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Not a good look

Written By: - Date published: 7:24 am, February 4th, 2010 - 22 comments
Categories: corruption, maori party - Tags:

So, John Key and Pita Sharples put Hone Harawira in charge of deciding which flag will fly to represent Maori on government buildings on Waitangi Day.

Only four options are put up: the New Zealand flag, the New Zealand ensign, the 1835 United Tribes flag, and Tino Rangatiratanga. It was always pretty obvious what the result must be.

Now, it has emerged that Harawira’s family had a neat little way to make some money off this process. Choosing Tino Rangatiratanga as the ‘official Maori flag’ was obviously going to increase demand for it. So, Harawira’s wife, Hilda, with his knowledge and cooperation was going to copyright the flag then ring-in the royalties for a trust.

Now that they’ve been sprung, Harawira has canned the idea but we have to ask: was this planned all along? Is this why only one plausible option was put up?

We already know that many Maori, particularly the Northern Iwi, are displeased that the Government has thrust Tino Rangatiratanga on them as ‘their flag’. Now, the whole process must be considered a sham and tainted by Harawira’s conflict of interest.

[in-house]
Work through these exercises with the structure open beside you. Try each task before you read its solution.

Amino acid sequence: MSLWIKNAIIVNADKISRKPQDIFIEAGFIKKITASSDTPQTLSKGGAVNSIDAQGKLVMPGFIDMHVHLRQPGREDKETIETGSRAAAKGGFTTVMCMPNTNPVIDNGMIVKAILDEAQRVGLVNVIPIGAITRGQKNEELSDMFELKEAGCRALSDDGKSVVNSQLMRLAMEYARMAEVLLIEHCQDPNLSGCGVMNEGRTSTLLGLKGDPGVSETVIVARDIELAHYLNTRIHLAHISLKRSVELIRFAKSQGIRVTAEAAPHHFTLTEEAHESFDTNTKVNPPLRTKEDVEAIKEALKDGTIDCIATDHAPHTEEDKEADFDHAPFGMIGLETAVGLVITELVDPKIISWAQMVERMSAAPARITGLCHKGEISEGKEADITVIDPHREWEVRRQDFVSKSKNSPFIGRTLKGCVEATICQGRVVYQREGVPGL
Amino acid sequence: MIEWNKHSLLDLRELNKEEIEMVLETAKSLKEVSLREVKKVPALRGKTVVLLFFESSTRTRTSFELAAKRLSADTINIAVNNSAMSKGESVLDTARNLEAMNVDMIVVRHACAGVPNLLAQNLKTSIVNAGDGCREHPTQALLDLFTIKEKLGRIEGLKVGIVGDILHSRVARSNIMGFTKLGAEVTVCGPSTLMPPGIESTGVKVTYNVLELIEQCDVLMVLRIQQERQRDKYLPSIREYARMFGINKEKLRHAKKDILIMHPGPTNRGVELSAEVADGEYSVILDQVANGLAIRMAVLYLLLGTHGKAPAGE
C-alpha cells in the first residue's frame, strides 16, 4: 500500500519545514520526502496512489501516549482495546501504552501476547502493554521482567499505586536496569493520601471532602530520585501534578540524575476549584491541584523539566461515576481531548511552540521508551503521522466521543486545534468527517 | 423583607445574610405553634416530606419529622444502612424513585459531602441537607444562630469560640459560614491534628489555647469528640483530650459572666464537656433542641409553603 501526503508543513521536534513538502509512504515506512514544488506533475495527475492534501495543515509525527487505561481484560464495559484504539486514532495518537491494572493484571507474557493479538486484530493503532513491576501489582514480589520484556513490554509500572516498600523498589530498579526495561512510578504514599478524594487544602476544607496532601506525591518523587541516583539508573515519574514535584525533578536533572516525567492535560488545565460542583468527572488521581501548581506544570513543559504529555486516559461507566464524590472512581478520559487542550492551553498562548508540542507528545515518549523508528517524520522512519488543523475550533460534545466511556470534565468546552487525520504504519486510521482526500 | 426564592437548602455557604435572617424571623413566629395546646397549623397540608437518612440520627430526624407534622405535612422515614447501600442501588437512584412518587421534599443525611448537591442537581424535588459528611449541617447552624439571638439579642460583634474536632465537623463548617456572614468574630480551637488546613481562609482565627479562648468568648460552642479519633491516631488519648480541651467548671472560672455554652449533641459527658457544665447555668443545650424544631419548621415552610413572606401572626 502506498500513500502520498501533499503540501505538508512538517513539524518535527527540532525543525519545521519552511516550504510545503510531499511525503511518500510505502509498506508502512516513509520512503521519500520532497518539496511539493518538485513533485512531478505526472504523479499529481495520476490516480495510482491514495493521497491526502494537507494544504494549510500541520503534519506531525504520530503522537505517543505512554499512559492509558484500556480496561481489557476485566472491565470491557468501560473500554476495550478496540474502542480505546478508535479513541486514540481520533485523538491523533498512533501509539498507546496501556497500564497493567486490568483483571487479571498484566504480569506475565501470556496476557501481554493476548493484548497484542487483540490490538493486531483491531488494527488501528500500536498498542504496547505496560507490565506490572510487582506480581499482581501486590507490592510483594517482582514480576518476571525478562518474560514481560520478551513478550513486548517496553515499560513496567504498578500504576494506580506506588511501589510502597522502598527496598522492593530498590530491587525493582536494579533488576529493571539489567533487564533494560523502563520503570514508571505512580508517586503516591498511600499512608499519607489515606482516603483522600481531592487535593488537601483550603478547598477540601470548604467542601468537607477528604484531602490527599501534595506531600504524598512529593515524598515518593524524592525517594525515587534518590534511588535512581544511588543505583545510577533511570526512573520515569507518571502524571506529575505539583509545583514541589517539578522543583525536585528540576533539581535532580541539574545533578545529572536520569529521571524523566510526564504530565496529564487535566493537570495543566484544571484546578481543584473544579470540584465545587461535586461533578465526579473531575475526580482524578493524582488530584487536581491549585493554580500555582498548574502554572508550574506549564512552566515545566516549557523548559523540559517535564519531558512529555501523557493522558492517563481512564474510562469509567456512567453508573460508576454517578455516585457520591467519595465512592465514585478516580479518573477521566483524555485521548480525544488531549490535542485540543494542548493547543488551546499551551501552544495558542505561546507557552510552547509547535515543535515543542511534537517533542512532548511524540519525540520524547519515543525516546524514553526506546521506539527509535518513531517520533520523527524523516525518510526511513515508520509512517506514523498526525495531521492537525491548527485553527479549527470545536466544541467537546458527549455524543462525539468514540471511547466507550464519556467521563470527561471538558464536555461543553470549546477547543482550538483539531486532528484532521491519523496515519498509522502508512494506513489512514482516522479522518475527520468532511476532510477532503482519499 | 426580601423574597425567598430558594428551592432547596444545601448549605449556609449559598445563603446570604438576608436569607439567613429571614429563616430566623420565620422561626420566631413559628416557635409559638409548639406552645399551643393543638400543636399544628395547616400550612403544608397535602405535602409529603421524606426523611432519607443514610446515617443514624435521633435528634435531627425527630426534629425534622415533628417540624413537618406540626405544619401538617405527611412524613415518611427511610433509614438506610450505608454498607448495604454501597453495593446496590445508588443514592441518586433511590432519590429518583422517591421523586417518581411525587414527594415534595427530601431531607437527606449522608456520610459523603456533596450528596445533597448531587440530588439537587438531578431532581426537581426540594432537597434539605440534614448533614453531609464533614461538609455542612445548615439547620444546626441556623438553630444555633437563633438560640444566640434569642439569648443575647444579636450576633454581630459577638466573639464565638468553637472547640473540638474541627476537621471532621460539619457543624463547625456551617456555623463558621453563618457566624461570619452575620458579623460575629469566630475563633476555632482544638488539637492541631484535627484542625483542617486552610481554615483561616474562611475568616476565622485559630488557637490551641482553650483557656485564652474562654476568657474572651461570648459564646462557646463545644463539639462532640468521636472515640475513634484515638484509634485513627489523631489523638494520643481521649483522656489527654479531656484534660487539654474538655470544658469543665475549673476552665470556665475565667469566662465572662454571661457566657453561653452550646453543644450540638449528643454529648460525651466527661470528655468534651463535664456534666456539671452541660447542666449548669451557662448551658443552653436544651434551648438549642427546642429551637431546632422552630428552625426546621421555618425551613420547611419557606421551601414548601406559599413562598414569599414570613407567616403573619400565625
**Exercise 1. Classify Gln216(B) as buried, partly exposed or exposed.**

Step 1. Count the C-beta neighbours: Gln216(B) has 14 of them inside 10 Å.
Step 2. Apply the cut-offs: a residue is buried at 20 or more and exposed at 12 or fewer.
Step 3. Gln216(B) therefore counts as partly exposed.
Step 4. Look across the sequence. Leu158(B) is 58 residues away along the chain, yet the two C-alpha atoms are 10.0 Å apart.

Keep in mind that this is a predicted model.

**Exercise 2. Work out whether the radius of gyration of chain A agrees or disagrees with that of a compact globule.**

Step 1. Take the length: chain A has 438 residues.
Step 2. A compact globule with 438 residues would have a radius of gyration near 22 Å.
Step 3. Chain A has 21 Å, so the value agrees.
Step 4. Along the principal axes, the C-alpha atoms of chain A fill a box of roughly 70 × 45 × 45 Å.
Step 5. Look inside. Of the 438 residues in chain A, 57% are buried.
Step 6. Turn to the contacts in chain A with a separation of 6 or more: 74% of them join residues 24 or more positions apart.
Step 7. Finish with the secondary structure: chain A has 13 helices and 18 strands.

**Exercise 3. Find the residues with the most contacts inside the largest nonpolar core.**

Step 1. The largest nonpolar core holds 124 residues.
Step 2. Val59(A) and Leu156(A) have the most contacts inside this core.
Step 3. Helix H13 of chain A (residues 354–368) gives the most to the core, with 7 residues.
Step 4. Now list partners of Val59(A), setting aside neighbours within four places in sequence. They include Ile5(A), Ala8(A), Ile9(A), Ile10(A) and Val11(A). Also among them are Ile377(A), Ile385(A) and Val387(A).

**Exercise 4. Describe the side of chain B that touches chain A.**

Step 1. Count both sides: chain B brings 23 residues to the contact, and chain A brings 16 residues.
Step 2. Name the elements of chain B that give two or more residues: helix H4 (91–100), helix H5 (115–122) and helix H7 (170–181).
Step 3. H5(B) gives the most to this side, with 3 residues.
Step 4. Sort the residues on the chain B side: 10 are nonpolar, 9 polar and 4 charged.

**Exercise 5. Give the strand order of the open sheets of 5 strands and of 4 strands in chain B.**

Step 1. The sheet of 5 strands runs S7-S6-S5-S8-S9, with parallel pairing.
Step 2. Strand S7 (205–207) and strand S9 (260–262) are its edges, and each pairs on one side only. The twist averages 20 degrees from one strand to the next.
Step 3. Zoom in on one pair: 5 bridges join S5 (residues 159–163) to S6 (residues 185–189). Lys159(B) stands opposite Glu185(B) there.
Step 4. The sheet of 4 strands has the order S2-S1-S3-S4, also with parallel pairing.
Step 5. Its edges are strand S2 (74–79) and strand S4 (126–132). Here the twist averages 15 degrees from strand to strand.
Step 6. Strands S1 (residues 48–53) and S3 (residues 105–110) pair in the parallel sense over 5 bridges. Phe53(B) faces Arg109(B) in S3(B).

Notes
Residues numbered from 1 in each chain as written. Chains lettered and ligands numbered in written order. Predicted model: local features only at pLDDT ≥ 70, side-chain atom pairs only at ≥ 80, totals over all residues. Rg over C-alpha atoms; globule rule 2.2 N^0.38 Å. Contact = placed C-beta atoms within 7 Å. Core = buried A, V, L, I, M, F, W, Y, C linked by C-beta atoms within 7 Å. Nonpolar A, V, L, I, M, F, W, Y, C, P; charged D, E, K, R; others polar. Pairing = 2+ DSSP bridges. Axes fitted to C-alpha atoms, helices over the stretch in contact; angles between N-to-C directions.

22 comments on “Not a good look ”

  1. Ron 1

    The MaoriTory Party has no credibility now. It breaks my heart really because i had a lot of respect for Pita and hoped the MP would make a difference.

  2. The word “corruption” springs to mind.

    I presume Key is relaxed about it?

    • Morgan 2.1

      “The MaoriTory Party has no credibility now”. Oh i suppose they can be called a true political party now.

  3. TightyRighty 3

    Maybe Len Brown is part of the conspiracy?

    • Marty G 3.1

      why?

      the Harawira’s have admitted they had this money-making plan. They cancelled it after TVOne discovered it.

      Do you think this doesn’t cast doubt on the whole process?

    • Sam 3.2

      Yes. Just like how global warming isn’t happening, the EFA was an attack on democracy, and the world will end in 2012.

      I too like to make outrageously unrelated comments to draw attention to myself because I have nothing constructive to say.

    • I am sure more people think shonky process, people getting decision making power that they use to their own financial advantage = Hone Banks

  4. if they were going to copyright it you’d think they would have done it way before pushing it as teh maori flag.

    what with all the bullshit and selling out i can see fickle maori roll voters getting pissed off with maori party antics and swinging back to labour. Goff though will always be tainted by the Clark years and the ForeShore/Seabed issue.